Institute Forum

Summary: "New York’s Partnership Offers One Model for Reining in Taxpayers’ Long-Term Care Costs December 1, 2010

N.Y. Program Aimed at Cutting Taxpayers’ Long-Term Care Costs

As states continue to struggle with budget gaps, many are looking to rein in the spiraling costs of Medicaid, the government health insurance program for people with low incomes. A key expenditure within Medicaid is long-term care. Nursing homes, home care and other costs of care for the elderly represent one of the largest and fastest-growing costs in Medicaid, at more than $100 billion annually across the country.

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Audio (Full)

Video: Introduction by Courtney Burke
Courtney Burke’s slide presentation

Video: Mark Kissinger
Mark Kissinger's slide presentation

Video: Sam Morgante
Sam Morgante’s slide presentation

Video: Question-and-Answer session

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Speakers at a December 6 Institute forum discussed one public-private effort to encourage individuals to plan and pay for their own long-term care, rather than rely on taxpayer-funded assistance. “Paying for Long-Term Care: Families or Taxpayers?” focused on the New York State Partnership for Long-Term Care, and featured program participants from the public and private sector.

Much of Medicaid’s long-term care expenditures serve people for whom the public health insurance program was never intended — middle class and more affluent people who transfer assets to heirs before their death. This reduces their personal net worth, qualifies them for Medicaid and requires the public program to cover their nursing home or home-care expenses.

Mark Kissinger, deputy commissioner of the New York State Health Department’s Office of Long Term Care, explained at the forum that people take this action because they see long-term care costs as an expense that would wipe out the value of their homes and other assets, eliminating their ability to pass down wealth to future generations.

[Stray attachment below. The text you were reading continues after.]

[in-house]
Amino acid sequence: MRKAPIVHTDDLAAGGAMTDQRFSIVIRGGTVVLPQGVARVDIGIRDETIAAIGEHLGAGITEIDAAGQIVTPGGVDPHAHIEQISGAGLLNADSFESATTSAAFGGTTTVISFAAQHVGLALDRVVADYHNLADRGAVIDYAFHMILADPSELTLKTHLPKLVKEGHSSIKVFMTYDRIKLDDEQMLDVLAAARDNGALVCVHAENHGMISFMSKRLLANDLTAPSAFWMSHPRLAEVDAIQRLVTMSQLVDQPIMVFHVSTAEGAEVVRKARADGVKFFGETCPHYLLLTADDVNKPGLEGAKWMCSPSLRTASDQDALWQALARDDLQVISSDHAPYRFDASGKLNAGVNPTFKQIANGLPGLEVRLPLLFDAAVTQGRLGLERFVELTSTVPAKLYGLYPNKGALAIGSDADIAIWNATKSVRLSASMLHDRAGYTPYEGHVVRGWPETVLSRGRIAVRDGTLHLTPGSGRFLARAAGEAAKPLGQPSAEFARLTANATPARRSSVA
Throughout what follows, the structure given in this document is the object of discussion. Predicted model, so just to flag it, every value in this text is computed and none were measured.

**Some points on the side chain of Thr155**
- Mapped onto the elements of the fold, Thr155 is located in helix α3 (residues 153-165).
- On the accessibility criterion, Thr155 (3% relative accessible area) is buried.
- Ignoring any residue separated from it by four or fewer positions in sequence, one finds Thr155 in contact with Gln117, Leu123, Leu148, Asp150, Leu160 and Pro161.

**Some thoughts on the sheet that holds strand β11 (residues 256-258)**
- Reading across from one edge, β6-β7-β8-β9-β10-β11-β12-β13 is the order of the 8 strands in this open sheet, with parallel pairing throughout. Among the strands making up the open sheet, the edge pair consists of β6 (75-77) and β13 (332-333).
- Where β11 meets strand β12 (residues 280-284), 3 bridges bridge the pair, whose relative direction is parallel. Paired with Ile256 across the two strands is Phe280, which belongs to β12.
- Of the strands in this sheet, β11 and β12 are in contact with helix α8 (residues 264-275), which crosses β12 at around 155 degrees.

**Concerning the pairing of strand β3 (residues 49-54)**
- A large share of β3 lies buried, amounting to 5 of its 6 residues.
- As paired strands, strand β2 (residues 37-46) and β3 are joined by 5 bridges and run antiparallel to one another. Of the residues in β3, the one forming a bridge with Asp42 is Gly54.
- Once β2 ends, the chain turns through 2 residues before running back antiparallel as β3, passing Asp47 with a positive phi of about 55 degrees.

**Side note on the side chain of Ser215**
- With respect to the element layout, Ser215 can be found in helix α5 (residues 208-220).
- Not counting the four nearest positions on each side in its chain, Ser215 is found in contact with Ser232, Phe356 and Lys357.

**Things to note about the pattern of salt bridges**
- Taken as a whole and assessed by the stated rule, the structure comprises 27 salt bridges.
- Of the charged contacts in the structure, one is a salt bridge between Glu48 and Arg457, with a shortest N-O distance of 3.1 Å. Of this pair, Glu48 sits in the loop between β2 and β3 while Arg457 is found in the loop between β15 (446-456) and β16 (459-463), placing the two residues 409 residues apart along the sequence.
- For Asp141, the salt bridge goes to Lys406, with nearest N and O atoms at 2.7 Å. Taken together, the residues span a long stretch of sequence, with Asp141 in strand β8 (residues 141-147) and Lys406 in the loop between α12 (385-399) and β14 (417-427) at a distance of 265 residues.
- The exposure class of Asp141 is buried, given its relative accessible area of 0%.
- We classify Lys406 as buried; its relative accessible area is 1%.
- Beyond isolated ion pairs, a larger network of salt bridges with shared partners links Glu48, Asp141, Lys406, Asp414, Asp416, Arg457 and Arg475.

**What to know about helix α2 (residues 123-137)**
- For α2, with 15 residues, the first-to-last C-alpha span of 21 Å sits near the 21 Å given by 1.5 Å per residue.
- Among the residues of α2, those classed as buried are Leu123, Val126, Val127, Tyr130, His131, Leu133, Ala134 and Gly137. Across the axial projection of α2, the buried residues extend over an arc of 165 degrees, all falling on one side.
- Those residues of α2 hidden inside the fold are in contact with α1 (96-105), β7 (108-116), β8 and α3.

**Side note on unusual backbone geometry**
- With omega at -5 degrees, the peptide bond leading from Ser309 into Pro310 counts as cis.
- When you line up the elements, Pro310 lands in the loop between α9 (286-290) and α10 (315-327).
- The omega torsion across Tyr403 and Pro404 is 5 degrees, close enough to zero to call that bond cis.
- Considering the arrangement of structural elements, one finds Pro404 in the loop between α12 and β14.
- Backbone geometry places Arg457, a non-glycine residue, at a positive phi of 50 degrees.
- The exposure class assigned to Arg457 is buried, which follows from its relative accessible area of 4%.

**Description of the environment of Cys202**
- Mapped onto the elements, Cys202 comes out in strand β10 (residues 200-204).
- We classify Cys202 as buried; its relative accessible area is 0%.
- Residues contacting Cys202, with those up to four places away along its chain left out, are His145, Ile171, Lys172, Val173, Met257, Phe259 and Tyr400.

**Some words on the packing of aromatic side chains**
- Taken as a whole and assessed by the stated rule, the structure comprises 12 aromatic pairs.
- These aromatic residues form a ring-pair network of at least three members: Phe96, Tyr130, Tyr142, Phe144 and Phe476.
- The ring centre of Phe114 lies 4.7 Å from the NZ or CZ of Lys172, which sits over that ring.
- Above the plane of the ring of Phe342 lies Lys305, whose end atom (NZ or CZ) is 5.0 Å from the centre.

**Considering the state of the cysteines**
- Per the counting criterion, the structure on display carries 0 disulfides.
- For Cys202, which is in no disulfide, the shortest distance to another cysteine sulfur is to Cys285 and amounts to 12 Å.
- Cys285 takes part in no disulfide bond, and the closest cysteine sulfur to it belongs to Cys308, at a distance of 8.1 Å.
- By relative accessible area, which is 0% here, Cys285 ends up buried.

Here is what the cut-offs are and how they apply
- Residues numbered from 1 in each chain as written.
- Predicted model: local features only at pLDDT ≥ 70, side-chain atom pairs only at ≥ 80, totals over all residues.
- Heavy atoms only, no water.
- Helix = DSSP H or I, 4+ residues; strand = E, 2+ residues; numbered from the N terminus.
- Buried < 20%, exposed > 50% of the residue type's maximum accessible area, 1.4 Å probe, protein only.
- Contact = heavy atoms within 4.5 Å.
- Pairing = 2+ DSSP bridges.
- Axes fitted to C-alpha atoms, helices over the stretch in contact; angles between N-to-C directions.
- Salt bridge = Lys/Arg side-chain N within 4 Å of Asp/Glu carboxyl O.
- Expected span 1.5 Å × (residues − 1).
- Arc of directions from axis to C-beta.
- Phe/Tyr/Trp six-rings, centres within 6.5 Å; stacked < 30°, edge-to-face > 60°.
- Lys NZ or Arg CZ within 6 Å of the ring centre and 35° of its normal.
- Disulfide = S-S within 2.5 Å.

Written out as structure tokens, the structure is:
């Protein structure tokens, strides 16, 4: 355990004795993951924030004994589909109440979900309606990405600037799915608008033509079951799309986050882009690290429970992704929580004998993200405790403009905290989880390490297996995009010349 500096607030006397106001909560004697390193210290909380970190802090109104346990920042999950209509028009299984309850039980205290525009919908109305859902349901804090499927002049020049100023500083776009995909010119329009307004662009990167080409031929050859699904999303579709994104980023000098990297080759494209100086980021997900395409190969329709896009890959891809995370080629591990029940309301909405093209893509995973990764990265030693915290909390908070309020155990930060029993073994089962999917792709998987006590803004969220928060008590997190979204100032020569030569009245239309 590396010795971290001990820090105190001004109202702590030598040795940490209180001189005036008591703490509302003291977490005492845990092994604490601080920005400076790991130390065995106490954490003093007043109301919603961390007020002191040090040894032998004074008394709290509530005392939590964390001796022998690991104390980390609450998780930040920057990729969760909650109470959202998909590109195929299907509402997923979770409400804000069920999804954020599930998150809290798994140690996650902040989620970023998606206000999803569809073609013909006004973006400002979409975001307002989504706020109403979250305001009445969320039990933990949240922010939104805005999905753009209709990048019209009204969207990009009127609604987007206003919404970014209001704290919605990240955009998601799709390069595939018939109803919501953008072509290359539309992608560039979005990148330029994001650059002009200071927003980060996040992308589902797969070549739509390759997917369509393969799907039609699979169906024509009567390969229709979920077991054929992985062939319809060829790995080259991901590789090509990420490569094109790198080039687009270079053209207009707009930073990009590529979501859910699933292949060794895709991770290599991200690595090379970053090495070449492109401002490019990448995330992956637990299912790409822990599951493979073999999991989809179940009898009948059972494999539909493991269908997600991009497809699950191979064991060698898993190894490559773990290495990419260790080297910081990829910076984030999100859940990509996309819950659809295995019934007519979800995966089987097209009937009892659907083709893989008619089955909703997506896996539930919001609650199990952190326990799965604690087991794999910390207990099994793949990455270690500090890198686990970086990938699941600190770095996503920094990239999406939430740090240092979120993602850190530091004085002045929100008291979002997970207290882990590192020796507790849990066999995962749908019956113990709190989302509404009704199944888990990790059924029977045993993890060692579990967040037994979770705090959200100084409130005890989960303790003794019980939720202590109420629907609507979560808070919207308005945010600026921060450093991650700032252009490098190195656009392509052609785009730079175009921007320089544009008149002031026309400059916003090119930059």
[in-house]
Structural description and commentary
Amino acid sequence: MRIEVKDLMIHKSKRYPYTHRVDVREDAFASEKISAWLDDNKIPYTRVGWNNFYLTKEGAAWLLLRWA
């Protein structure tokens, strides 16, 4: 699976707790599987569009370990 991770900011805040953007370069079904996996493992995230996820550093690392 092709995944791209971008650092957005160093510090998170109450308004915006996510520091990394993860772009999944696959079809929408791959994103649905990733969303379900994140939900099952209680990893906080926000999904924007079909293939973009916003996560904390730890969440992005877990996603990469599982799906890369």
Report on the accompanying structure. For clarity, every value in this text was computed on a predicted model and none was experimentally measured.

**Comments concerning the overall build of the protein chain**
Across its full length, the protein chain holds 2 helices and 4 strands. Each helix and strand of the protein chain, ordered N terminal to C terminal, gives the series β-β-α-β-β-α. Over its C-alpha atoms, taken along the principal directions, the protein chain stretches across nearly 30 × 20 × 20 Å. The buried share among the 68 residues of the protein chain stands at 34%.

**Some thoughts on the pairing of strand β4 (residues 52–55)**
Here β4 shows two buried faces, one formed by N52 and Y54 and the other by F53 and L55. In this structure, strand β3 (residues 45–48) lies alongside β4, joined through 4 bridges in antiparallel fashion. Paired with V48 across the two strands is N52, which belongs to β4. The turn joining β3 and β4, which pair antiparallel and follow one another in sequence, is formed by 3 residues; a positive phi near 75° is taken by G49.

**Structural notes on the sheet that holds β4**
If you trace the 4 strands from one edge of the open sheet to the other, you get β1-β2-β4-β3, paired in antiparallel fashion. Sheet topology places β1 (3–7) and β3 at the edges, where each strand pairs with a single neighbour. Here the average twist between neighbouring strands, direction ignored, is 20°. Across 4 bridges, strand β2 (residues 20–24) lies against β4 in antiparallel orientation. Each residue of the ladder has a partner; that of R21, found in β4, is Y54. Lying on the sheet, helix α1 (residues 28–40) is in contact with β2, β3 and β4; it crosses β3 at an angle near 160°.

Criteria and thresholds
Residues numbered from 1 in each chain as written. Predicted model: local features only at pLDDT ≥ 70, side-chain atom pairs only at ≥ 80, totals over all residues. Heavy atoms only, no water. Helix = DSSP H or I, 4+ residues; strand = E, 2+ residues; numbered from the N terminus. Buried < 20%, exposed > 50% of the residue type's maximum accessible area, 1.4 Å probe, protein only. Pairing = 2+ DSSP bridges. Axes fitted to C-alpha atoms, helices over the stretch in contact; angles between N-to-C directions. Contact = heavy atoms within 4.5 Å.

Another policy intended to help people retain assets is the right to refuse to pay for a spouse’s long-term care costs, Kissinger said. Several governors have tried to eliminate this rule, which is costly for the state, but legislators have largely favored it as way to help people retain some income.

The partnership was designed to eliminate that choice of either paying for one’s long-term care or retaining assets to pass on, Kissinger said. The program is designed to protect all or some of individuals’ assets, while allowing them to access Medicaid benefits if their insurance benefits run out. At the same time, the initiative shifts some costs from taxpayers to such individuals, through the long-term care insurance they purchase.

The results have been positive for New York State, the deputy health commissioner said. Only a small percentage of policyholders have so far required Medicaid assistance, according to state data. Of more than 90,000 policies sold through the partnership, just 3,465 have received insurance benefits to date. Only 240 have needed to access Medicaid coverage. The average age of purchase is 62 years old, with the average age at the date of first claim being almost 81, Kissinger said. Beneficiaries typically live about two years after beginning to receive benefits.

Yet the partnership has reached only a small share of its potential. New York’s nursing homes cared for more than 100,000 individuals in 2008, according to the Kaiser Family Foundation, with most of those funded entirely or partly by Medicaid. Thousands of others receive Medicaid benefits for long-term care in the home.

The public-private partnership has made selling long-term care insurance more viable for companies, said Sam Morgante, vice president for governmental relations at Genworth Financial Inc., one of the companies that participates with the state in the long-term care program. That’s because the government takes on some of the risks that a private insurer might be unwilling to take.

More work is needed to encourage more individuals to participate in the program, Morgante said. Public education is one component, he added, citing data that more than 60 percent of Americans think Medicare, the government program for all elderly people regardless of income, automatically pays for long-term care. That assumption causes them to ignore the risk of having to sell off or shed assets if they haven’t planned for their long-term care.

Both experts stressed that the issue is a critical one for policymakers and citizens to address, as baby boomers age and swell the ranks of those needing long-term care services. Americans seem to be in denial about their need for long-term care, they said.

“This country has not had an adult discussion about long-term care since the late 1980s, early 1990s,” Morgante said.

Kissinger said he’d like to see the issue debated publicly and even taken up by candidates for national office.

“This issue is so big … and really, dealing with the denial is so big,” Kissinger said, “that a long-term care solution really needs to be part of the next presidential campaign.”


The Nelson A. Rockefeller Institute of Government, the public policy research arm of the State University of New York, conducts fiscal and programmatic research on American state and local governments. It works closely with federal, state, and local government agencies nationally and in New York, and draws on the State University’s rich intellectual resources and on networks of public policy academic experts throughout the country.